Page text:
Then Harry really started something. He began to write other members of the program into the script. The entire show was unified and all of a sudden George Olsen and Ethel Shutta, musical stars of that series, became comedians. The idea was good—the character of Mary Livingstone was created, Frank Black learned how to get laughs and Don Bestor's spats made history.
Most of the important comedians are using the situation type of script now. But those two hardy perennials —Pick and Pat (they also masqueraded as Showboat's Molasses an' January)—still stick to the gags that mother and dad told each other when they were riding on a bicycle built' for two. Twenty-nine-year-old Mort Lewis wrote their material until a few months ago. At different times he has written jokes for Burns and Allen, Eugene and Willie Howard and Ben Bernie.
It is his contention that people like to hear old songs—so why shouldn't they like to hear old gags? He puts a new twist on them but they're still the old reliables. He keeps a file of several thousand jokes. Running alphabetically from Africa to Zulu, they are what he calls his "reserve."
The biggest share of Eddie Cantor's gag budget goes to Phil Rapp, who got into radio in 1931 and began selling humor to Beatrice Lillie and Burns and Allen. Also on the Cantor comedy pay-roll is a young man who sent the comedian jokes while studying at the University of Pennsylvania. Eddie financed him through school and now has him on his regular staff.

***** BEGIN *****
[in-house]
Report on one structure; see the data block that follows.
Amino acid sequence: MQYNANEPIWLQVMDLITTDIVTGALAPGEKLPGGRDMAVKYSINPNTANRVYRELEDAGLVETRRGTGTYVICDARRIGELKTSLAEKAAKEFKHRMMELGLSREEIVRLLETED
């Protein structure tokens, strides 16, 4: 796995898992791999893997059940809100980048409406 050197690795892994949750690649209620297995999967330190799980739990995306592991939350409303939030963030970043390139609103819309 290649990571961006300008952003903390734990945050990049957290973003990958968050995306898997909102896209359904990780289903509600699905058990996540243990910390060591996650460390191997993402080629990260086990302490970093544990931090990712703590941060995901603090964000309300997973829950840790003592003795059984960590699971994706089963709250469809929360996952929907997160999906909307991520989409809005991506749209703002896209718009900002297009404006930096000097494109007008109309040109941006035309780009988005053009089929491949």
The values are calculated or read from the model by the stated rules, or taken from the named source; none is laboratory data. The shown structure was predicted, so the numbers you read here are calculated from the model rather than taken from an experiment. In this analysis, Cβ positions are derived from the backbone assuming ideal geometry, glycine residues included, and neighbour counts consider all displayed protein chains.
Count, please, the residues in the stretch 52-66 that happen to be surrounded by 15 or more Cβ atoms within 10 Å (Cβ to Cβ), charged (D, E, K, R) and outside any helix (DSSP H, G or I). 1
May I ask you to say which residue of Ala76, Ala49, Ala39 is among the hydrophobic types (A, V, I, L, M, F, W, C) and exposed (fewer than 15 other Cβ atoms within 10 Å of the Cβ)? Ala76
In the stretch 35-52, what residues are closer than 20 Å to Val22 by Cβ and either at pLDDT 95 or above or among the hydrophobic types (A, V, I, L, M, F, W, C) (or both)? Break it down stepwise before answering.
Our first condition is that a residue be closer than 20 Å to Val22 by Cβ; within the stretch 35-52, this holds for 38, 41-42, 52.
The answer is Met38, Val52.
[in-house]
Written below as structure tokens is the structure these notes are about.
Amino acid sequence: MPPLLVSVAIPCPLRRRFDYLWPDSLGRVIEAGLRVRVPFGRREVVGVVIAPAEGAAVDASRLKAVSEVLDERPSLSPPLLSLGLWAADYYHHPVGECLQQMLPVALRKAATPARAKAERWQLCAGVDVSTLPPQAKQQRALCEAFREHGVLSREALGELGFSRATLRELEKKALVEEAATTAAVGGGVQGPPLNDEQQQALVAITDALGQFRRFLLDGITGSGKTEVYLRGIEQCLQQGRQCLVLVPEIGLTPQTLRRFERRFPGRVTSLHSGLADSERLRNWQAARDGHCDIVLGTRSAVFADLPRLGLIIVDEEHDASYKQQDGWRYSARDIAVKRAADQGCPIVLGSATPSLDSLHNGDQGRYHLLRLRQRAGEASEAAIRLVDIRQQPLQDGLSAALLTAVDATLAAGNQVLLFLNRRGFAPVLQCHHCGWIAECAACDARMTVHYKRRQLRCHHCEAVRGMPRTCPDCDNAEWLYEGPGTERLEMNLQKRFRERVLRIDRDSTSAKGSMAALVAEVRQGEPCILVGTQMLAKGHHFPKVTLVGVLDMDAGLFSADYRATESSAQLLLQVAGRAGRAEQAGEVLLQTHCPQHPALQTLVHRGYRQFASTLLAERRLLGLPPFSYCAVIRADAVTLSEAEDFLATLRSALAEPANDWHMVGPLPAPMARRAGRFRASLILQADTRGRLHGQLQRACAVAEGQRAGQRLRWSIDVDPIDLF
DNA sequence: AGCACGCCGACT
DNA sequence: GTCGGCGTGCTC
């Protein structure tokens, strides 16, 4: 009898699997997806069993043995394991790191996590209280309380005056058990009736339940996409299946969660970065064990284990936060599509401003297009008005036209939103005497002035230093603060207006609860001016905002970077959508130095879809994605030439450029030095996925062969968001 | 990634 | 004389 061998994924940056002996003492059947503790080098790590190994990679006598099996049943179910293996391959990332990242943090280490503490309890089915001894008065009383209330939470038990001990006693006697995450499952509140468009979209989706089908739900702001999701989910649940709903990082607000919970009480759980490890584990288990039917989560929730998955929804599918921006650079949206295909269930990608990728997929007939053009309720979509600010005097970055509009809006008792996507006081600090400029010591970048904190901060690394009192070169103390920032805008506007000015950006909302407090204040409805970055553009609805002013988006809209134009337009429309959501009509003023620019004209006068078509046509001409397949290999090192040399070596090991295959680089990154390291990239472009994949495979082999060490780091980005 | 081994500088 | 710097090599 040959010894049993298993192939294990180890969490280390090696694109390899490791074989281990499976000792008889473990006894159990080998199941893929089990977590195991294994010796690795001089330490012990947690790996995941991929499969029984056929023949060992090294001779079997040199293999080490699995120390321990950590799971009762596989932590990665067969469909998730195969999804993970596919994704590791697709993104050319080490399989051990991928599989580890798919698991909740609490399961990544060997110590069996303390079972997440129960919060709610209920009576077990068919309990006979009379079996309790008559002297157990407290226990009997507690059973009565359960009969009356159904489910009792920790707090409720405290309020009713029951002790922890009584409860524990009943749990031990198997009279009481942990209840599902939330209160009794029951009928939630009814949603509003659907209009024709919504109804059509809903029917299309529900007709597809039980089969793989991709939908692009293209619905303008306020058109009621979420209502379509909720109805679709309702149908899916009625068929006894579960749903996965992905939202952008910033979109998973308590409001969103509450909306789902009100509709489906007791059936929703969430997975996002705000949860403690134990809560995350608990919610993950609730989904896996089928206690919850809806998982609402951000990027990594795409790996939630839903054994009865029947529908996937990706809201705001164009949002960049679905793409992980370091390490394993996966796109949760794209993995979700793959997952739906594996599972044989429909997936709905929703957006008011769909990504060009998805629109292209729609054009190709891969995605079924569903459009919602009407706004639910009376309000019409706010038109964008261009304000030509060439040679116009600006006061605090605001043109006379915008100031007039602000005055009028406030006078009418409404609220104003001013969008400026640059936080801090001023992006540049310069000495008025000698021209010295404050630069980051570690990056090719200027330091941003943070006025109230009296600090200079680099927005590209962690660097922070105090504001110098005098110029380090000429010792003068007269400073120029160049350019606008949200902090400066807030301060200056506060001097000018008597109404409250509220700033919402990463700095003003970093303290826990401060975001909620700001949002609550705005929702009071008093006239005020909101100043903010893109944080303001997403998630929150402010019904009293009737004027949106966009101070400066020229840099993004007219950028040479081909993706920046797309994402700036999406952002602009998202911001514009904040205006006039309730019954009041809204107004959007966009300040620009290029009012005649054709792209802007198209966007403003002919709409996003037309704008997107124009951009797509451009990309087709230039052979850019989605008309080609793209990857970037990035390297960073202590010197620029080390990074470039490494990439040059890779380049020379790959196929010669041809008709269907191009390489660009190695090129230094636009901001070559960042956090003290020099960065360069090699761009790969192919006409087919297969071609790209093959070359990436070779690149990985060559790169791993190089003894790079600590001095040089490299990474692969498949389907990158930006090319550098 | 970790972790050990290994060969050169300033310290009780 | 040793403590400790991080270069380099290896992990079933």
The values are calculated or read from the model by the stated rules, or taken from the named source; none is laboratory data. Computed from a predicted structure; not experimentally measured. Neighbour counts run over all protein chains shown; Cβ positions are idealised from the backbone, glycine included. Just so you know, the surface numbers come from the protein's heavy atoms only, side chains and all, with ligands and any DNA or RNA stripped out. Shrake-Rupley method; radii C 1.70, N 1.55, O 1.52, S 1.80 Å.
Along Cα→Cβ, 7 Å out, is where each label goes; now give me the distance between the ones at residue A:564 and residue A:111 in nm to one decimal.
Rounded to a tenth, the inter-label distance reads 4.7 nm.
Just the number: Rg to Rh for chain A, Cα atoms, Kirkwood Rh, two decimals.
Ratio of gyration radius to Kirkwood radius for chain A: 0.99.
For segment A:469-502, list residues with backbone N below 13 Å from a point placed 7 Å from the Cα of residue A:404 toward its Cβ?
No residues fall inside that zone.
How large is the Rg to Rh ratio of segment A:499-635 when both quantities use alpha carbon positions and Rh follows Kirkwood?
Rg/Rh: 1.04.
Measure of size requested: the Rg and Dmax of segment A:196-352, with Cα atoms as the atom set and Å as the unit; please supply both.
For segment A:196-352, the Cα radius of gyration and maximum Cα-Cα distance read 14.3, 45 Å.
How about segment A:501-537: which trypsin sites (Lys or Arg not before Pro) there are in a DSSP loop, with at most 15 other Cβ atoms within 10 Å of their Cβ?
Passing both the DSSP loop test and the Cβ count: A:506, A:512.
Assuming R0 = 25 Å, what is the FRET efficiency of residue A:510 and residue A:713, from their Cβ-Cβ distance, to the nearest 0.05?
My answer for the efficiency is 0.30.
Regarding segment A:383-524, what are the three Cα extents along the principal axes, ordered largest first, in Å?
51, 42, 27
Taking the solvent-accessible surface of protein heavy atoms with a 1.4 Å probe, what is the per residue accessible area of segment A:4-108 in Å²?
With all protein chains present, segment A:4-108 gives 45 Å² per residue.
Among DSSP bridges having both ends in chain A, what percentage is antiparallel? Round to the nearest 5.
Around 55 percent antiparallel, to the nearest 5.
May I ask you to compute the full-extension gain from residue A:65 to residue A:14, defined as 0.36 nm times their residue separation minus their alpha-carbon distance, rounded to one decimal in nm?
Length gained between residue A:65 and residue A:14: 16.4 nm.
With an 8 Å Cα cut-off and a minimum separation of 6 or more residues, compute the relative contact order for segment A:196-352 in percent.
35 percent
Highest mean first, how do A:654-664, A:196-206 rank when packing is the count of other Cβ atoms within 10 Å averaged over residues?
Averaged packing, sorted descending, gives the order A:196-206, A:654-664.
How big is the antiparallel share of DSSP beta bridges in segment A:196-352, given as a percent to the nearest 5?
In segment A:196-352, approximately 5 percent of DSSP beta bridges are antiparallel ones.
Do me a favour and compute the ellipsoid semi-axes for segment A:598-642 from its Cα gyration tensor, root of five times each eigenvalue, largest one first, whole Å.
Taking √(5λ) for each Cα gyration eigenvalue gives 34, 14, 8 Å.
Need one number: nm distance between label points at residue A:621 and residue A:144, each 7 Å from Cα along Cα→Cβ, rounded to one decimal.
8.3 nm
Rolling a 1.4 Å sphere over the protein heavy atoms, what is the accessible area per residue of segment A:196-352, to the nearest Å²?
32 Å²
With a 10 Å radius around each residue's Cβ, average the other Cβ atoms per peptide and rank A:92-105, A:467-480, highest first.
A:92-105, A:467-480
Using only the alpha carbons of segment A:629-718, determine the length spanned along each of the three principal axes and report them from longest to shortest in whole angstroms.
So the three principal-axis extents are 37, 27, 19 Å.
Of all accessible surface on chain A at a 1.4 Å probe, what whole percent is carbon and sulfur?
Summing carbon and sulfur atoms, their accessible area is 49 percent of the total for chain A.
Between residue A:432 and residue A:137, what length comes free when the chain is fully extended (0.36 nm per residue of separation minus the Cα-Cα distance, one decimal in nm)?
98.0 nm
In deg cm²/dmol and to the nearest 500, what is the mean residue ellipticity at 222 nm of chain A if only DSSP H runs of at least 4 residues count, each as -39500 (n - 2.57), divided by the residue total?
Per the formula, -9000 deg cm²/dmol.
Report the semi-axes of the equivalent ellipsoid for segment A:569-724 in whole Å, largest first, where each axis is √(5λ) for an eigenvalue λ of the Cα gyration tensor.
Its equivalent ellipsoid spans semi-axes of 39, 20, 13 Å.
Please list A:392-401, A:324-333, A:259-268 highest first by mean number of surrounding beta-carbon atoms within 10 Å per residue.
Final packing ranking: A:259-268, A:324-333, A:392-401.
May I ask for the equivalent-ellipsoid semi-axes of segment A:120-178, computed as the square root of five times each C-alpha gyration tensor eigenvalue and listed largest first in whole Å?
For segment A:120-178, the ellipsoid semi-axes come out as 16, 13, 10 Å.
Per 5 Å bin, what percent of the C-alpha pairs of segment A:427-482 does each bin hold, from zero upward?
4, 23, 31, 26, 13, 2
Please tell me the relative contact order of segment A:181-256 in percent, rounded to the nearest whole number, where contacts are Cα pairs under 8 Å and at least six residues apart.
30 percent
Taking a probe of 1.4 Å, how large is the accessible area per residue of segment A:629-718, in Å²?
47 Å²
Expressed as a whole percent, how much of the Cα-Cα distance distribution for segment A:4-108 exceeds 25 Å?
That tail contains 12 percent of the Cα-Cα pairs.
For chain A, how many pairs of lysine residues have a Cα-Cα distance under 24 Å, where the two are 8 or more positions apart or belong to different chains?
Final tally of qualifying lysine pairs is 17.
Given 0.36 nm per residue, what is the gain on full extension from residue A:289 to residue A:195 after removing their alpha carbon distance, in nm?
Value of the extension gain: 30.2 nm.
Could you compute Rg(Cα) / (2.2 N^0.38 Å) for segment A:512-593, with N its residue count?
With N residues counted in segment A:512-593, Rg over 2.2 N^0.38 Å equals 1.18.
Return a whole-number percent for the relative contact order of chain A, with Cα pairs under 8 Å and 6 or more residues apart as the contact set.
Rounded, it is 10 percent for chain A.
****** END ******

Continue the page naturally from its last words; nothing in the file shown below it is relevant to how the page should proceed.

THE four people required to make Gracie Allen crazy are her Georgie-Porgie, Willie Burns, Harvey Helm and John P. Medbury. The price of her sanity is $10,000 each week. Out of that the writing staff gets $1200. George is in complete charge of the script and okays or furnishes the ideas. Grade's only worry is to read her script the way George thinks best.
Usually, the three assistants work independently of each other. About three weeks before the program a meeting is held. All contributions are lumped together and George builds a radio program.
Jack Benny always has six or seven writers surrounding him and his program. The financial experts say that he gets $12,500 for each of his programs and that approximately $2,000 of that goes to his writers. Back in the old days when Jack first became public comedian number one, Harry Conn was the only one working on the scripts and he got 25% of Jack's salary. Now Eddie Beloin, Bill Morrow and their cohorts head the staff.
It is Conn's claim that when he was writing the show, Benny rarely bothered with the script until the first rehearsal. Nowadays, though, Jack works hard on them.
But the gentleman who really works on his scripts is Fred Allen. Every line that you hear him or his stooges say has been written by him. As soon as his Wednesday night program is over, Fred begins work on next week's show. He spends the entire week doing it—his only time off is one night a week when he takes Portland to a movie or a play.